Wednesday, March 23, 2016

13 Delicious Boozy Drinks To Build Your Next Trip Around

Have you really lived if you’ve never enjoyed the Chilean terremoto on a sizzling summer day?

marcellocariaga / instagram.com

Flickr: reindertot


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18 Things Only Fans Who Lined Up For The "Harry Potter" Books Will Remember

IS IT MIDNIGHT YET??

You fondly remember counting down the days, the minutes, the SECONDS until the next book was out.

You fondly remember counting down the days, the minutes, the SECONDS until the next book was out.

Justin Sullivan / Getty Images

You eagerly awaited the midnight book release at your favorite bookstore with HUNDREDS of other Potter fans.

You eagerly awaited the midnight book release at your favorite bookstore with HUNDREDS of other Potter fans.

Flickr: grilledcheese / Creative Commons

And of course you had to show up dressed in your house colors with your BFFs.

And of course you had to show up dressed in your house colors with your BFFs.

Bertrand Langlois / AFP / Getty Images


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39 Beautiful Baby Names Inspired By The World Of "Harry Potter"

These are a little more ~subtle~ than Albus Severus.

After: Harry Potter

Andrew Phillips / Unsplash / BuzzFeed

After: Hermione Granger

Austin Schmid / Unsplash / BuzzFeed

After: Ron Weasley

Grzegorz Mleczek / Unsplash / BuzzFeed

After: Sirius Black

Caleb Ralston / Unsplash / BuzzFeed


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Tuesday, March 22, 2016

What Classic Book Have You Read That Didn't Bore You To Death?

Don’t judge a book by its dusty cover.

The kind of book you only pretend to have read in order to appear smart.

The kind of book you only pretend to have read in order to appear smart.

Definitely not the type of book you'd ever actually ~enjoy~ reading.

Focus Features

But that's not always the case. Some classic books are considered classic for a reason.

Instagram: @kristensreads

There are plenty of classics that are actually enjoyable, and those are the ones we want to hear about.

There are plenty of classics that are actually enjoyable, and those are the ones we want to hear about.

AMC


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21 Things Only "A Series Of Unfortunate Events" Fans Remember Doing

So don’t scream when we take you. The world is quiet here.

Taking pride in being able to recite every book title in order with no mess-ups.

Taking pride in being able to recite every book title in order with no mess-ups.

"Bad Beginning Reptile Room Wide Window Miserable Mall – DANG IT!"

Via instagram.com

Spotting the latest ASOUE release in the wild and begging your mom or dad to take you to the bookstore right after school.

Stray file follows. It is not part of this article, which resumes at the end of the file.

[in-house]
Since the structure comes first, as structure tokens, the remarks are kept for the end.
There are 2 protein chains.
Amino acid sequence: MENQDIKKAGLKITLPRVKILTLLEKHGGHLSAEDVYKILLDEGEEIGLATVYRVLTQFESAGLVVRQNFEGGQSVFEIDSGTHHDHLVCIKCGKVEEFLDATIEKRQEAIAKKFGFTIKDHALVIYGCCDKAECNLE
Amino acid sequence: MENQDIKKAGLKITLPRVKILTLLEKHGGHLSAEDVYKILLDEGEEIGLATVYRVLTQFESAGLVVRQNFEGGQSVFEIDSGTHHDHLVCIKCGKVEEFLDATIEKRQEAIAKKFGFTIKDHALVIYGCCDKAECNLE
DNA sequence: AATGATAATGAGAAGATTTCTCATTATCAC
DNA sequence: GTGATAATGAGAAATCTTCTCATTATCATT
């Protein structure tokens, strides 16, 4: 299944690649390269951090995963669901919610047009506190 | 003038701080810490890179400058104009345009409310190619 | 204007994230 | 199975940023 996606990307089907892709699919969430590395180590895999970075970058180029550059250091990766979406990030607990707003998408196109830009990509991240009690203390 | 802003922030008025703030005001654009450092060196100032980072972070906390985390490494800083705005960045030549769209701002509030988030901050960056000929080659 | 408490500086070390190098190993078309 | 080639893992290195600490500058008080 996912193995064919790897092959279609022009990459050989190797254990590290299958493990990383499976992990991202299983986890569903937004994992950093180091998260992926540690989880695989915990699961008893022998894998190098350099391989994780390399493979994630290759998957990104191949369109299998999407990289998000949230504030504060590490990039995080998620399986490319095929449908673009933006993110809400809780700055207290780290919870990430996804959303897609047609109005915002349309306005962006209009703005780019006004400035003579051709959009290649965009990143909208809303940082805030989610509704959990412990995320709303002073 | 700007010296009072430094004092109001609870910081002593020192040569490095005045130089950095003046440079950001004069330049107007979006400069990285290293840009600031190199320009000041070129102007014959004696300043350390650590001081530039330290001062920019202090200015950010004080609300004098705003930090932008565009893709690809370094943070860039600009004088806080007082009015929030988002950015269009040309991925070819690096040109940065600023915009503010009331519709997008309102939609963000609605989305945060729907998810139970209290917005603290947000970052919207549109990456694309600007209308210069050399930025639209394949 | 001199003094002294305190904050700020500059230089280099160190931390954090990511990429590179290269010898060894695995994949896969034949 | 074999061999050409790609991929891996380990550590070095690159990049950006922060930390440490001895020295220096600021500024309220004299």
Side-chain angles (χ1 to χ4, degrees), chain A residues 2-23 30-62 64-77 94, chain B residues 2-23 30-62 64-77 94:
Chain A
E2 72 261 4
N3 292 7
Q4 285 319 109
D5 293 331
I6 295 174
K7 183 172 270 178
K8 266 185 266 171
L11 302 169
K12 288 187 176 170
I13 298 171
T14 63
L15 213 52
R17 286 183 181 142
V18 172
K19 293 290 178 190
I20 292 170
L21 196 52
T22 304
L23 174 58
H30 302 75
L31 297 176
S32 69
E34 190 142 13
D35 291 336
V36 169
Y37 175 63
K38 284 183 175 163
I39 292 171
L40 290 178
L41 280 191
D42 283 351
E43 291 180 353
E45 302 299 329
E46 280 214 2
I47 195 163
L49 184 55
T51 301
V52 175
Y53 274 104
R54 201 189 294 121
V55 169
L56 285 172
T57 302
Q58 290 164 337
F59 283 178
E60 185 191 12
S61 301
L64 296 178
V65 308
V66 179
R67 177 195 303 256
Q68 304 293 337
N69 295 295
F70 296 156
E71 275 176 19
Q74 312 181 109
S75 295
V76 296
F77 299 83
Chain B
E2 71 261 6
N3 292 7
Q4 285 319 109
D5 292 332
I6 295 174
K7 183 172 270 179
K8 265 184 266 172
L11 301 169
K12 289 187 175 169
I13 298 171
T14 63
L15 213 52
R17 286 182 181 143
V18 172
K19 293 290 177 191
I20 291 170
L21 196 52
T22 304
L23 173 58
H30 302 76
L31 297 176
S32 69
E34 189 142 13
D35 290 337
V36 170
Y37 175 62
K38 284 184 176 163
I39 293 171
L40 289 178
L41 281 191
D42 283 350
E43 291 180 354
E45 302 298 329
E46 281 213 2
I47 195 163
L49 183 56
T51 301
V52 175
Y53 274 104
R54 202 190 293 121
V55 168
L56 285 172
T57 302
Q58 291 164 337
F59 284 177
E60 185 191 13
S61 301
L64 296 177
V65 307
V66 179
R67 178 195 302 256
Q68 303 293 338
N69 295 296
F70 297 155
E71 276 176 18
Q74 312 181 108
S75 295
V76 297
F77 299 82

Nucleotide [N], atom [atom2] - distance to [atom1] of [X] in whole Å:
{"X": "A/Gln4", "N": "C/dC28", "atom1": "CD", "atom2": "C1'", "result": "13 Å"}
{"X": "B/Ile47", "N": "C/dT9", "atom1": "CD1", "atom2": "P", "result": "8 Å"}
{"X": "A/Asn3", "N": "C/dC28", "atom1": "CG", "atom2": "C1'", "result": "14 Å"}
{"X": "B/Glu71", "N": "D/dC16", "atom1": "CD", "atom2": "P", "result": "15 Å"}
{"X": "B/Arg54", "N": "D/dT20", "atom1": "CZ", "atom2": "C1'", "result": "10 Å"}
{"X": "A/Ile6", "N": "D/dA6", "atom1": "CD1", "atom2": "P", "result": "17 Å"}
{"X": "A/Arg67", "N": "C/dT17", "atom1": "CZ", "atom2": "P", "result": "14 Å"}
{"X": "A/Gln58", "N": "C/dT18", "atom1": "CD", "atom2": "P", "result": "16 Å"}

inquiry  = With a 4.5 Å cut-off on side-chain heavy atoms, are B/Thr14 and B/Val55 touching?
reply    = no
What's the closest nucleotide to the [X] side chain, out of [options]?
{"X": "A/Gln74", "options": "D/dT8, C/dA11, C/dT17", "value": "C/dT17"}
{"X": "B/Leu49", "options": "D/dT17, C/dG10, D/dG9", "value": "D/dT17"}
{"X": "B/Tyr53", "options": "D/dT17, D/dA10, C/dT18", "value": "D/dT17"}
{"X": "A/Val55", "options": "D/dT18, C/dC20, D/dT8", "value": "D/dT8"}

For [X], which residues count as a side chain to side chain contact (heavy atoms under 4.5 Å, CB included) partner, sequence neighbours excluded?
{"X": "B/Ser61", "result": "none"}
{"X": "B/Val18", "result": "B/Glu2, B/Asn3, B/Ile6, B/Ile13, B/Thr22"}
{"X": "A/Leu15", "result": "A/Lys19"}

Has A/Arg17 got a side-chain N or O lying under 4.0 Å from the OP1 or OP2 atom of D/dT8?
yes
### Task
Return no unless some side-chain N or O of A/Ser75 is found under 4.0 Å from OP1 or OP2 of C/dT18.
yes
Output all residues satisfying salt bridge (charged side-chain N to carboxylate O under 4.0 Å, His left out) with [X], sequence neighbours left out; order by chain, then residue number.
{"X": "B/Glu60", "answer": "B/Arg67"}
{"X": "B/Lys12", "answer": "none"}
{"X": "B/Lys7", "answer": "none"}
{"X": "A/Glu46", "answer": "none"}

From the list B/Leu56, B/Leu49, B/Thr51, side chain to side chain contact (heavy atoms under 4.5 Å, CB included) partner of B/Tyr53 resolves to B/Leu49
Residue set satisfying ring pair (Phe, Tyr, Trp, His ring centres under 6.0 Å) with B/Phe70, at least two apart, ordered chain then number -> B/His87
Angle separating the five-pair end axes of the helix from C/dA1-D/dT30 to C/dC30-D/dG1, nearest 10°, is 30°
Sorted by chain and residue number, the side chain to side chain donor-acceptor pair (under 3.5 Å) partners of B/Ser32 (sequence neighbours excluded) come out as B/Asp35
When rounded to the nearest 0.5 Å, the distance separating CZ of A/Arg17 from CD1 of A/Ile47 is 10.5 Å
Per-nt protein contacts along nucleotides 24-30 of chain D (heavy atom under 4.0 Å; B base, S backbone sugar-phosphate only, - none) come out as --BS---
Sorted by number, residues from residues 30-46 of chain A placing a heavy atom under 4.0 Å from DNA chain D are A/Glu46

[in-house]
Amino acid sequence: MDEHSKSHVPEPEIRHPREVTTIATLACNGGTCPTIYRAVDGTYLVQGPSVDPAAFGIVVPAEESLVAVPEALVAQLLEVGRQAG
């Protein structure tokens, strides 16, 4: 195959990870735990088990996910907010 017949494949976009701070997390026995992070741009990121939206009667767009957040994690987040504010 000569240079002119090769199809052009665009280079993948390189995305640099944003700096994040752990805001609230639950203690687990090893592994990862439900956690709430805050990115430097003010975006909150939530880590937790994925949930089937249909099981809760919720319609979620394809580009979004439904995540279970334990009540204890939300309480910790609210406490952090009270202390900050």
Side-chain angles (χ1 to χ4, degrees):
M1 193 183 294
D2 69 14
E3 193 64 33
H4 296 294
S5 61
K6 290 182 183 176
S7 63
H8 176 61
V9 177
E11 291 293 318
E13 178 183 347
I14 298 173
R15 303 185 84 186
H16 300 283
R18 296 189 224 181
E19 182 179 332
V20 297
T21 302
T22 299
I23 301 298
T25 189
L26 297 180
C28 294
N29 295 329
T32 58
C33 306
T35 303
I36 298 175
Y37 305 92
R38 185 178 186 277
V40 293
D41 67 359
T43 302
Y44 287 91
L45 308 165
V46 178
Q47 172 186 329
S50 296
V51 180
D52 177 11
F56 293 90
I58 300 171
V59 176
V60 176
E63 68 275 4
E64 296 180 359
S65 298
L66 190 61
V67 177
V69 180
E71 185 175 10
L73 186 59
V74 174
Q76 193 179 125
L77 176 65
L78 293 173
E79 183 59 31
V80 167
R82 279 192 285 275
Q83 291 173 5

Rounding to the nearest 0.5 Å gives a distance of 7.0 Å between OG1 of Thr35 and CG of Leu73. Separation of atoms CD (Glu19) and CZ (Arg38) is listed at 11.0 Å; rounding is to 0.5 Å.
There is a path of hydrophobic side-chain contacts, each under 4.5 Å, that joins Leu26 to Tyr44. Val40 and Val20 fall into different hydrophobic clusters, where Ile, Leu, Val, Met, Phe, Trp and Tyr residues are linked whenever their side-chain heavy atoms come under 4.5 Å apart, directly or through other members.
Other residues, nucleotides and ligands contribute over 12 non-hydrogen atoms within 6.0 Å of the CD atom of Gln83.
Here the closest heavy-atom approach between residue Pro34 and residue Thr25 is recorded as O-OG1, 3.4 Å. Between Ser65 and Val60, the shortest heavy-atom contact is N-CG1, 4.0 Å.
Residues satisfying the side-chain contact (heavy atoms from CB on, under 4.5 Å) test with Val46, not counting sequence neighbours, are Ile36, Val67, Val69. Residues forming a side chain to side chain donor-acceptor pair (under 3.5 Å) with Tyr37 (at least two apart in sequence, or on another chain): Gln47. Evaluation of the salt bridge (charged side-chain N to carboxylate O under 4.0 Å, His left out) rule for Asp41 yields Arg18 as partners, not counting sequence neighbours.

Spotting the latest ASOUE release in the wild and begging your mom or dad to take you to the bookstore right after school.

Via instagram.com

Feeling super smart and well-read when you realized that Sunny was pretty much always making cultural puns with her "baby talk."

Feeling super smart and well-read when you realized that Sunny was pretty much always making cultural puns with her "baby talk."

"Rosebud."

Via instagram.com

Reading the Lemony Snicket: The Unauthorized Autobiography multiple times to understand the VFD schism.

Reading the Lemony Snicket: The Unauthorized Autobiography multiple times to understand the VFD schism.

Ditto for The Beatrice Letters.

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19 Awesome New Books You Need To Read This Spring

~Spring~ into reading a new book!

Jarry Lee / BuzzFeed

Riverhead Books

Piotr Cieplak


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31 Iconic Books About The South You Need To Read In Your Lifetime

Preferably with a cool glass of sweet tea.

Jenny Chang / BuzzFeed

Farrar, Straus and Giroux


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Apparently Emma Watson and Daniel Radcliffe have different opinions on which house Alexander Hamilton belongs in.

Hamilton creator and star Lin-Manuel Miranda sat down with Emma Watson for HeForShe and gave her the very important task of sorting the subjects of the groundbreaking musical into Hogwarts Houses.

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As Lin-Manuel pointed out, when you have two giant fandoms, eventually those worlds must collide.

As Lin-Manuel pointed out, when you have two giant fandoms, eventually those worlds must collide.

Via Facebook: 156195014444203

Clearly channeling her inner Hermione, Emma Watson came prepared.

Clearly channeling her inner Hermione, Emma Watson came prepared.

Via Facebook: 156195014444203

While she originally had Angelica Schuyler pegged for Gryffindor and Eliza Hamilton in Ravenclaw, she ultimately switched the two.

While she originally had Angelica Schuyler pegged for Gryffindor and Eliza Hamilton in Ravenclaw, she ultimately switched the two.